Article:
Wednesday, March 1, 2017


My amazing mother-in-law, Claude, recently chided me on how my trip to Palestine/Israel was.  I struggle with such broad questions and my beautiful, amazing wife, Helene, was able to ask me several specific questions in responding to her mother’s query.  One of the questions Helene asked was what was one thing you learned that you didn’t know before, even though it is my fifth trip?  The short answer to that question is Confusion.  Below is a slightly edited e-mail to Claude that I felt worth sharing with a large audience on how I came home with a new perspective of confusion.

The focus of our trip is from Jesus' Sermon on the Mount in Matthew five--specifically Matthew 5:9.  This passage states "Blessed are the Peacemakers, for they will be called children of God."  What can we learn from this passage that will help us to become better peacemakers.  Somewhat ironically, one word that I walked away from this trip fixated on is "confusion." 

Daoud Nasser and his family are Palestinians who live on a 100-acre farm just outside of Bethlehem they call The Tent of Nations--they have Ottoman Papers showing ownership of their land which has allowed them to, thus far, maintain their land--they have an open court case that they have been fighting in Israeli courts for more than 25 years now.  Five settlements surround their land.  The motto of the farm is "We refuse to be enemies."  They host people from all over the world and the fact that they are well known throughout the world has undoubtedly helped them to keep their farm.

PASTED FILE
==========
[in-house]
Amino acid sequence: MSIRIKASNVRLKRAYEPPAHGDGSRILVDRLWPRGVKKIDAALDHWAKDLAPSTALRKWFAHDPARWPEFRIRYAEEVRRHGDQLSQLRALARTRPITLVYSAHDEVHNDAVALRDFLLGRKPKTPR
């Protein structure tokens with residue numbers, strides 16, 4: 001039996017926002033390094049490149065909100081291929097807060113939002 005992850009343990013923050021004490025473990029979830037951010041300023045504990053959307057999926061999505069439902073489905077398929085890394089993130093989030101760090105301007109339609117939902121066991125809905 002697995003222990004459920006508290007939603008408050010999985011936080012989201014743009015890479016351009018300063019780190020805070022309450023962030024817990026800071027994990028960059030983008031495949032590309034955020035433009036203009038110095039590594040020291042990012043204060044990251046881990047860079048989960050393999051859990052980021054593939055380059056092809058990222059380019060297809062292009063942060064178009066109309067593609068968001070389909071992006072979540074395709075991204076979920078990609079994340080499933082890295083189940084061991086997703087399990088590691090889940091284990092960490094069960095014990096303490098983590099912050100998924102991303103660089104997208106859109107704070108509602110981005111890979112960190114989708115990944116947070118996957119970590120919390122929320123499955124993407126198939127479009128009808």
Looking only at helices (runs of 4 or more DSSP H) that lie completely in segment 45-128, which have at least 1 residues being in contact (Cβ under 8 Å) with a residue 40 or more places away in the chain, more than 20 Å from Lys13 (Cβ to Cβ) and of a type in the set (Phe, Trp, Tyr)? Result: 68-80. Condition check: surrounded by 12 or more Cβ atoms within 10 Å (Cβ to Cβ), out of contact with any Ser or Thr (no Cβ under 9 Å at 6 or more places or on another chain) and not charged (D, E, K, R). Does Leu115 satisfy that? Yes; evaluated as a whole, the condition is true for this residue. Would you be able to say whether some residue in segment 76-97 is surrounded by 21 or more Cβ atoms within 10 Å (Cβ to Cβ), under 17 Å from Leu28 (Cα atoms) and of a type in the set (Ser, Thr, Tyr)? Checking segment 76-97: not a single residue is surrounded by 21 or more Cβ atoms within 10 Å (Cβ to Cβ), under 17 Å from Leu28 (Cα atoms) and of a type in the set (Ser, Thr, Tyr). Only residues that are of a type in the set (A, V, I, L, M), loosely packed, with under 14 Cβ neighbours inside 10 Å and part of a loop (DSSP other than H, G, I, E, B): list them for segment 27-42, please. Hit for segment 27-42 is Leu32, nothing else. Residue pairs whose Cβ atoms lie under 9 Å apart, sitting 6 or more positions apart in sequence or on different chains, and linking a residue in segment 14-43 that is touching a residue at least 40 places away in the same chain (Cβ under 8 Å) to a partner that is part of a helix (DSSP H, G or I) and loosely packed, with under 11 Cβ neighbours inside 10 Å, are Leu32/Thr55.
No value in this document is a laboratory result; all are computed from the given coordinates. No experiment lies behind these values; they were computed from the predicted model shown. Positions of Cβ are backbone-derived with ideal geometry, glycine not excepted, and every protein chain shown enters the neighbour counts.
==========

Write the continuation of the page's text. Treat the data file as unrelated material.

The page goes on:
Daoud shared one story with us where the IDF, clad with weapons and their green uniforms came to the farm and broke down their gate.  Daoud, calmly asked the IDF what they were doing and they said that we have a reason to visit you.   Daoud's response: "Well, here on this farm we have a custom of sharing tea with those that visit us...please come share some tea."  The IDF commander was perplexed and confused, but on Daoud's insistence the soldiers came into one of the caves that the family has made habitable to share tea with Daoud.  Of course, this was awkward, but at the end of having tea the soldiers thanked Daoud and appeared to have forgotten what their original reason for coming to the farm was.  I could not help but think about myself and the last time that I was confused.  What went on in my head?  My answer to that is that most everything else stops--and I focus on what it is that is confusing me--it flips a trigger.  IDF soldiers and soldiers around the world are taught to dehumanize the other--my own father shares that he was trained to kill "gooks" in his Marine basic training during the Vietnam war--gooks not other humans, not fathers, husbands, brothers and sons—no, gooks.  When Daoud invited the soldiers to tea, he overcame fear, he took the power out of the soldiers in confusing them in not playing their game of dehumanizing.  Rather, he recognized their worth as humans.  Let us not forget that the soldiers thanked Daoud for the tea as they left--those soldiers also saw the humanity in Daoud.  This is how one refuses to be an enemy—it is how one is demonstrating what it means to be a peacemaker.